Reluctant Entrepreneurs | Poor Economics
Chapter 9
Reluctant Entrepreneurs

Are there really a billion barefoot entrepreneurs, as the leaders of MFIs and the socially-minded business gurus seem to believe? Or is it just an optical illusion, stemming from a confusion about what we call an "entrepreneur"? There are more than a billion people who run their own farm or business, but most of them do this because they have no other options. 

Read more below »
Many expect that the poor will find successful business opportunities. They haven't been given a chance, so their ideas are fresher: MFIs have many examples of successful clients, like a garbage collector turned recycling empress!
The sheer number of business owners among the poor is impressive.
When tiny grants were made to small businesses in Sri Lanka, their profits increased rapidly.
However, while many of the poor operate businesses, most of these businesses are tiny.
The businesses of the poor tend to have few if any employees and very limited assets.
The businesses run by the poor are also generally unprofitable, which may well explain why giving them a loan to start a new business does not lead to a drastic improvement in their welfare.
Many business suffer from the "empty shelf" problem: a space a created for a shop, but no inventory fills the shelves. Even a small investment in more inventory will have large marginal returns, but once the shelves are full, the business has no further scope to grow.
Despite initial large returns to small investments, many small businesses hit at point at which a substantial capital investment is needed in order to continue growing. However, few people are willing to give such large loans to the poor.
Because of this trap, the poor may not invest as much (both money but also emotions and intellectual energy) into their businesses because they know that their business will always remain too small to make real money.
Often, the enterprises of the poor seem more a way to buy a job when more conventional employment opportunities are not available than a reflection of a particular entrepreneurial urge.
One of the most common dreams of the poor is that their children become government workers - a stable, though not always exciting, job.
A sense of stability may be necessary for people to be able to take the long view. People who don’t envision substantial improvements to their future quality of life may stop trying and end up staying where they are.
Creating good jobs could go a long way in increasing the stability of the lives of the poor, which will, in turn give the poor the opportunity and the urge to invest in their children and save more.
There are more than a billion people who survive off of the earnings of their own farm or business. We must be impressed by their resilience. But these small businesses will probably not pave the way for a massive exit from poverty.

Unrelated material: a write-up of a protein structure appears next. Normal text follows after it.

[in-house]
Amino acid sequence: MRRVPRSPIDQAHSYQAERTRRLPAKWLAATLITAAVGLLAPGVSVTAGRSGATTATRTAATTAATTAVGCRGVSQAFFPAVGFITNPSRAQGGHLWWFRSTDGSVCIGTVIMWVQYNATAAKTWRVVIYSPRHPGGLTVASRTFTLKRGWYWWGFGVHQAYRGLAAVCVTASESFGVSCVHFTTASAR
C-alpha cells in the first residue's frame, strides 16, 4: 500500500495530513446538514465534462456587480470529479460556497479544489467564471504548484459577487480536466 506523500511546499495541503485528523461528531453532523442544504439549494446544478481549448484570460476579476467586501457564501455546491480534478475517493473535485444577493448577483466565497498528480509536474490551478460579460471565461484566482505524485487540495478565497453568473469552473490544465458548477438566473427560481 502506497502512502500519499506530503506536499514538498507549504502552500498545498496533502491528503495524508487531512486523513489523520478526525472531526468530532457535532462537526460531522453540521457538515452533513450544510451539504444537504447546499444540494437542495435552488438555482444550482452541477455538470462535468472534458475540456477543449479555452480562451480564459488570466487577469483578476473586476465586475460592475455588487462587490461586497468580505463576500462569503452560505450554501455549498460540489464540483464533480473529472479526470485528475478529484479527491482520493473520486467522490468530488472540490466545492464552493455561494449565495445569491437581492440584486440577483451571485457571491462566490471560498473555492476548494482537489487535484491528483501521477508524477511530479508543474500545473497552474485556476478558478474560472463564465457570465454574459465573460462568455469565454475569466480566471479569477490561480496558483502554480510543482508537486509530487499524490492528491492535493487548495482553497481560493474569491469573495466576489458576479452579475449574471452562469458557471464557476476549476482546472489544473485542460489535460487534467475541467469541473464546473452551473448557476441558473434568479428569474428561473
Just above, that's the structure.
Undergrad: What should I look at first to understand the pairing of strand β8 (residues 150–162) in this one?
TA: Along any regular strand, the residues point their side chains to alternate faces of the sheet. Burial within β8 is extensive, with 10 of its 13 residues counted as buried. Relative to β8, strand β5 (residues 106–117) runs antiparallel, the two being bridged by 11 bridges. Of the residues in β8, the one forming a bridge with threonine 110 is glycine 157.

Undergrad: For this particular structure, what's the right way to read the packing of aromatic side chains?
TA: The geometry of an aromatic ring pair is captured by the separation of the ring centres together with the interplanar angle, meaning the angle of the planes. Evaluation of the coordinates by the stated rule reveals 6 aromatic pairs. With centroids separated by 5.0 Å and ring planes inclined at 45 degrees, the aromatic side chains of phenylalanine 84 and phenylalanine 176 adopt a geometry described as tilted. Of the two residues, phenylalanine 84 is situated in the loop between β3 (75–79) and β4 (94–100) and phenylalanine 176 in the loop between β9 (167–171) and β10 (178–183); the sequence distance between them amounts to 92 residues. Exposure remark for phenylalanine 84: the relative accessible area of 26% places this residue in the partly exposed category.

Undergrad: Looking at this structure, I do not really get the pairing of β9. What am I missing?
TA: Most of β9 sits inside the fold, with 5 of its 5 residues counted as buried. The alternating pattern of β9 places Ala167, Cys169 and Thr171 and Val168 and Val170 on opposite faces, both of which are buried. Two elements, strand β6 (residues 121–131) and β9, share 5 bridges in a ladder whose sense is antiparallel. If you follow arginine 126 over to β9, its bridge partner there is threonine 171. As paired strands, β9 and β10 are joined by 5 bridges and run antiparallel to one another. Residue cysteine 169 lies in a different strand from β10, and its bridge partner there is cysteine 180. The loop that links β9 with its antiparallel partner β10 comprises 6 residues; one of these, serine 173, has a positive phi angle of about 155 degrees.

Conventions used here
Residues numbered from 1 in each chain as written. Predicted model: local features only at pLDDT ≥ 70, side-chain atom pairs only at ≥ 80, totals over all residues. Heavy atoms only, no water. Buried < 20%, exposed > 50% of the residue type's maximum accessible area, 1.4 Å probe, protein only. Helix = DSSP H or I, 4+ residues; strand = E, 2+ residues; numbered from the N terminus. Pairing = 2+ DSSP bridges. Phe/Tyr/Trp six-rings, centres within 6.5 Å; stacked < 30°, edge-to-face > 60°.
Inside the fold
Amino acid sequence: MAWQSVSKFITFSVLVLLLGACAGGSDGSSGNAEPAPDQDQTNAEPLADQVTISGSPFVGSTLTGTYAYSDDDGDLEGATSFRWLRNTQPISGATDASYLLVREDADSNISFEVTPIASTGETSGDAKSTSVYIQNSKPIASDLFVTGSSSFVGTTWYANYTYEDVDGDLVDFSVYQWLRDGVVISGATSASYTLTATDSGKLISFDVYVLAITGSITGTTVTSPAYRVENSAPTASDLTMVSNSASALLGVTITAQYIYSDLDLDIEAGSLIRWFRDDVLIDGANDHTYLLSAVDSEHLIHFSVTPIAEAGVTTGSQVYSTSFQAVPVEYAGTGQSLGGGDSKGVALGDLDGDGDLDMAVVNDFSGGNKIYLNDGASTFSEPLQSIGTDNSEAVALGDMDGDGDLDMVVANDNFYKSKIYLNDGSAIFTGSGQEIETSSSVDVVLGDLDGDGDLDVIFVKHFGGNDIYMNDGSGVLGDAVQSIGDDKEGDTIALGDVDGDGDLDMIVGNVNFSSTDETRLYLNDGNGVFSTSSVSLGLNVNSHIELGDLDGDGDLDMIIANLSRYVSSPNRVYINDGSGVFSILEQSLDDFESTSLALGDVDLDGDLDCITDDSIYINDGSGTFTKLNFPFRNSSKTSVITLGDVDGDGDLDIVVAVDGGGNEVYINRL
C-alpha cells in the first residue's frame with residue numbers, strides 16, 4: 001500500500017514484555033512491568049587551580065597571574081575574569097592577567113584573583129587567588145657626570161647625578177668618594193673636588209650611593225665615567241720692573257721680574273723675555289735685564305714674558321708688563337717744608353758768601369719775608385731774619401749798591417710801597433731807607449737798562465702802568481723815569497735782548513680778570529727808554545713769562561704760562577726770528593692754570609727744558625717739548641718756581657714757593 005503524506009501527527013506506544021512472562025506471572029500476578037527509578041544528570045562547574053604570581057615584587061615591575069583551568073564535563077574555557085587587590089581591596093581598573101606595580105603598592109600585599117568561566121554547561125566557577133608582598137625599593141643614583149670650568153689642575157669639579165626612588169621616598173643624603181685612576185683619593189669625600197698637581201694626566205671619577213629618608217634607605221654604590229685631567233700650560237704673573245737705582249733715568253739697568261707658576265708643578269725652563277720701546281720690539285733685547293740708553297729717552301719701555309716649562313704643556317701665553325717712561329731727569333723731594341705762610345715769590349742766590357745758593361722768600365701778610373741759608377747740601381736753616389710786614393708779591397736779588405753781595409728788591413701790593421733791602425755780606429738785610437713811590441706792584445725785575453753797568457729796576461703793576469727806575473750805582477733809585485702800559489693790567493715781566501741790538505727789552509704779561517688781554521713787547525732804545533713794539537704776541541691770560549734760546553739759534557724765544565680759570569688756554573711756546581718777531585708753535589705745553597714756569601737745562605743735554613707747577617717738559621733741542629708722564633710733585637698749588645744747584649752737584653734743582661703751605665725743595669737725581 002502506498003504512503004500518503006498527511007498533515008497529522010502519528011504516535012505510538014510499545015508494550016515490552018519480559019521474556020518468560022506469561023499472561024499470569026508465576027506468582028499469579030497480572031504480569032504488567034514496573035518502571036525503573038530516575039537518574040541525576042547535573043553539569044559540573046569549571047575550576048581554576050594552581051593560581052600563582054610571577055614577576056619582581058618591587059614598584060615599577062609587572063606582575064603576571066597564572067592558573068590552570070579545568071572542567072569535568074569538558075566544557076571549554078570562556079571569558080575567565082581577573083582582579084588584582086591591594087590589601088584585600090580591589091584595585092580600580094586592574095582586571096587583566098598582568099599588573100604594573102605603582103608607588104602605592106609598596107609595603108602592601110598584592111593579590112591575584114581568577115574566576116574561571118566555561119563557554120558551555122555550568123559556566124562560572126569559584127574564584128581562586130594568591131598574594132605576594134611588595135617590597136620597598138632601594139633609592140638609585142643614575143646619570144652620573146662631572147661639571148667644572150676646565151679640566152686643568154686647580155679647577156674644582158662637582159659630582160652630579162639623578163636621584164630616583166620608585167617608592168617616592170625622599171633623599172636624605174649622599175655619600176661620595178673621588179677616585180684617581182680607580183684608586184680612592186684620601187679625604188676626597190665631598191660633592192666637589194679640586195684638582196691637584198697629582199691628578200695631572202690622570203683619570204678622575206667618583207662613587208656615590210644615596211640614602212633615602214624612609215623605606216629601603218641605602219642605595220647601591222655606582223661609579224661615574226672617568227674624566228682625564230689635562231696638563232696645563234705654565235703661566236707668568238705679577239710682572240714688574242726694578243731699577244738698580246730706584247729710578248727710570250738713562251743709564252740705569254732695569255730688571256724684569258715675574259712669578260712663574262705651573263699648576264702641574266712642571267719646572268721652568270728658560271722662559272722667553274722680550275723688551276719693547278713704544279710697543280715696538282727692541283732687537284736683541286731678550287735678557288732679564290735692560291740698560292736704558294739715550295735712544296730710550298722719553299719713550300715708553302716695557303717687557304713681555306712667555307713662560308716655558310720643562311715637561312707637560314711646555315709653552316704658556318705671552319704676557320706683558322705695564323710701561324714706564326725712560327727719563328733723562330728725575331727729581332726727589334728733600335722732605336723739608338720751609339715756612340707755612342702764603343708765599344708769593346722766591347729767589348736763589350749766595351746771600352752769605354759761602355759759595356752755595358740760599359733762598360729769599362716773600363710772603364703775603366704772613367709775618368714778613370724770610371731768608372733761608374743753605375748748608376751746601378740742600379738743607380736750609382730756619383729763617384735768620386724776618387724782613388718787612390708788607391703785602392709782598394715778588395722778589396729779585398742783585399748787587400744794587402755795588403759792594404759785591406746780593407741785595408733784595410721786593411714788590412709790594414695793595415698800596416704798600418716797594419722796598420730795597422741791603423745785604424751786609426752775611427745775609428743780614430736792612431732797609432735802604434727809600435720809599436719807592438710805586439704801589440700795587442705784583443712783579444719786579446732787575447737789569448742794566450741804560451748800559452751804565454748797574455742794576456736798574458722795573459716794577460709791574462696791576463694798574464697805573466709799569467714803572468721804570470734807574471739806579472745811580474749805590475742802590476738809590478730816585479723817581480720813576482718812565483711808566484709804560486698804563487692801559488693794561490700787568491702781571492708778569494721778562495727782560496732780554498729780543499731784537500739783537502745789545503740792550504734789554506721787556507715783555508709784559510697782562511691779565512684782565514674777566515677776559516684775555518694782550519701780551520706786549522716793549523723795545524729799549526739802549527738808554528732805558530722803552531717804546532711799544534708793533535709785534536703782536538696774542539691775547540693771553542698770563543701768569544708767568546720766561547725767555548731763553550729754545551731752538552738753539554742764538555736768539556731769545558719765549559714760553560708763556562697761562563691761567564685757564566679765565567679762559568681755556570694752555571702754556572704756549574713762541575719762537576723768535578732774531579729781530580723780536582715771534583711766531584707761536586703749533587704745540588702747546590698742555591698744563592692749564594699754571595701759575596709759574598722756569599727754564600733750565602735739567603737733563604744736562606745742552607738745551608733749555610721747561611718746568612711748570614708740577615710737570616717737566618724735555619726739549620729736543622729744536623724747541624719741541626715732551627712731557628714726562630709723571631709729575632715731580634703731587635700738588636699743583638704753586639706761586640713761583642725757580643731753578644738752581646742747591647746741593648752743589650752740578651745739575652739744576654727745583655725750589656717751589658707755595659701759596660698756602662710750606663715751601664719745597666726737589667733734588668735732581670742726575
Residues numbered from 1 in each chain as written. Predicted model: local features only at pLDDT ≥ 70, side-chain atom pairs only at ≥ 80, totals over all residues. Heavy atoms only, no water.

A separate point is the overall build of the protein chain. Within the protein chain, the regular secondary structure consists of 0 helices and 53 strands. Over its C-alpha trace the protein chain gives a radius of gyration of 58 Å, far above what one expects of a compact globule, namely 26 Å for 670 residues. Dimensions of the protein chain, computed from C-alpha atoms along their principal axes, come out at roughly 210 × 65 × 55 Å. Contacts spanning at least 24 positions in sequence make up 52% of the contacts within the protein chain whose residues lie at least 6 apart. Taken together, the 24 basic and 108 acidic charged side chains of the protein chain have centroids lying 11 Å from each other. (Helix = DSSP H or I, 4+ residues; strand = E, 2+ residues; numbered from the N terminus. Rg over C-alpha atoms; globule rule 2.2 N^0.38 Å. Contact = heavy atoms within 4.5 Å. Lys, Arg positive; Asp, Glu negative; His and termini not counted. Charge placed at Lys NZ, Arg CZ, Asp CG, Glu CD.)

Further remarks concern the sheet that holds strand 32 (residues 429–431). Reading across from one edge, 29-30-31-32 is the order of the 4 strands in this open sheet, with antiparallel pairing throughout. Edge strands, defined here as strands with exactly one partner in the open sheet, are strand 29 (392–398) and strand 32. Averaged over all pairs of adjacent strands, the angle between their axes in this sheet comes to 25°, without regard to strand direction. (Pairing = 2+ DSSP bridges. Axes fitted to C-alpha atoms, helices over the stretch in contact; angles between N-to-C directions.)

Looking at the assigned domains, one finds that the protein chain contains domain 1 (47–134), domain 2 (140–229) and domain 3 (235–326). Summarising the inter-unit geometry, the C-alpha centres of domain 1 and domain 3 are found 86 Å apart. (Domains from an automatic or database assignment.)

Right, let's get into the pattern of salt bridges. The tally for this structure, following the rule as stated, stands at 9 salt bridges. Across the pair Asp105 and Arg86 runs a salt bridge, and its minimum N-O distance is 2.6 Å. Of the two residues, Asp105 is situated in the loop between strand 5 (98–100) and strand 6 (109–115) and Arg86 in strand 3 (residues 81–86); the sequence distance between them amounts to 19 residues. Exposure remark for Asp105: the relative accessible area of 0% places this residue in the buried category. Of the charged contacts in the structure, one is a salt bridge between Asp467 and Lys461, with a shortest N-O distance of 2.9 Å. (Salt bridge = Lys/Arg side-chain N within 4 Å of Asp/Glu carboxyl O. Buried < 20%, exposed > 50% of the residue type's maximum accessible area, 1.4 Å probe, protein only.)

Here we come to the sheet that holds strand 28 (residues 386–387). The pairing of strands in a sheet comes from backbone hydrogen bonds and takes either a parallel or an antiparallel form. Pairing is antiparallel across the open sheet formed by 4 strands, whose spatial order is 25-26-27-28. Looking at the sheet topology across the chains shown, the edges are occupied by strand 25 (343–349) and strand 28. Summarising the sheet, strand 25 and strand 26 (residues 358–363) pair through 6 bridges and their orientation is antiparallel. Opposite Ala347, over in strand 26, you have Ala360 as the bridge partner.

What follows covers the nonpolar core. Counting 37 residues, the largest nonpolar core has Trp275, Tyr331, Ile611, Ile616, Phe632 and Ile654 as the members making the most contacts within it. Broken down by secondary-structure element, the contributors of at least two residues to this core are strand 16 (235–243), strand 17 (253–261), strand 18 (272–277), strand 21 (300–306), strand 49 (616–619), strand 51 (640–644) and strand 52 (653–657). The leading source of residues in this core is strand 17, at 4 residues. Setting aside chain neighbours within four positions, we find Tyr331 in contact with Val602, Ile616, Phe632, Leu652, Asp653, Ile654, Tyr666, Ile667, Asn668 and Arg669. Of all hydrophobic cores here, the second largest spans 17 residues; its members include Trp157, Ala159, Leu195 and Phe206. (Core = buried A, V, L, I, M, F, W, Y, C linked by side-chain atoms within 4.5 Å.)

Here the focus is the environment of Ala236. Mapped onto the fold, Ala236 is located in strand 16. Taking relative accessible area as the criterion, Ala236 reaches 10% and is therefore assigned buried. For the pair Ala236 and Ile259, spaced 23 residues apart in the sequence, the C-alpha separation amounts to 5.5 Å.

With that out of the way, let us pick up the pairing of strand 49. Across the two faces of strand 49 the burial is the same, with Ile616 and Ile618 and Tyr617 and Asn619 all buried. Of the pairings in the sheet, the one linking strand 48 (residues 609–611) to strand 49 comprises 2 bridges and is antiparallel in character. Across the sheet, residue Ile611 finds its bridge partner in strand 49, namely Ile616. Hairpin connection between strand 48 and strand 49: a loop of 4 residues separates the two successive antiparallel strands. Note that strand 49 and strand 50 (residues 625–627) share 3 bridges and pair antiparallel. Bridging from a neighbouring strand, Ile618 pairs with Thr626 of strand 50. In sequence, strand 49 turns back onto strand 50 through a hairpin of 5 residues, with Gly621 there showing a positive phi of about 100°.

Entrepreneurship studies

Javascript is required to view this map.

Reluctant Entrepreneurs

Are there really a billion barefoot entrepreneurs, as the leaders of MFIs and the socially-minded business gurus seem to believe? Or is it just an optical illusion, stemming from a confusion about what we call an "entrepreneur"? There are more than a billion people who run their own farm or business, but most of them do this because they have no other options. 

Alternate Title: 
Extended Body: 

Are there really a billion barefoot entrepreneurs, as the leaders of MFIs and the socially-minded business gurus seem to believe? Or is it just an optical illusion, stemming from a confusion about what we call an "entrepreneur"? There are more than a billion people who run their own farm or business, but most of them do this because they have no other options.

Microcredit and other ways to help tiny businesses have an important role to play in the lives of the poor, because these tiny businesses will remain, perhaps for the foreseeable future, the only way many of the poor can manage to survive. But we are kidding ourselves if we think that these businesses can pave the way for a mass exit from poverty. 
 

Spotlight

Alejandro Drexler, Greg Fischer, Antoinette Schoar / Dominican Republic / 2010

From the abstract: "Two randomized trials test the impact of financial training on firm-level and individual outcomes for microentrepreneurs in the Dominican Republic. We find no significant effect from a standard, fundamentals-based accounting training. However, a simplified, rule-of-thumb training produced significant and economically meaningful improvements in business practices and outcomes."

Are there really a billion barefoot entrepreneurs, as the leaders of MFIs and the socially-minded business gurus seem to believe? Or is it just an optical illusion, stemming from a confusion about what we call an "entrepreneur"? There are more than a billion people who run their own farm or business, but most of them do this because they have no other options.

Microcredit and other ways to help tiny businesses have an important role to play in the lives of the poor, because these tiny businesses will remain, perhaps for the foreseeable future, the only way many of the poor can manage to survive. But we are kidding ourselves if we think that these businesses can pave the way for a mass exit from poverty. 
 

Spotlight

Alejandro Drexler, Greg Fischer, Antoinette Schoar / Dominican Republic / 2010

From the abstract: "Two randomized trials test the impact of financial training on firm-level and individual outcomes for microentrepreneurs in the Dominican Republic. We find no significant effect from a standard, fundamentals-based accounting training. However, a simplified, rule-of-thumb training produced significant and economically meaningful improvements in business practices and outcomes."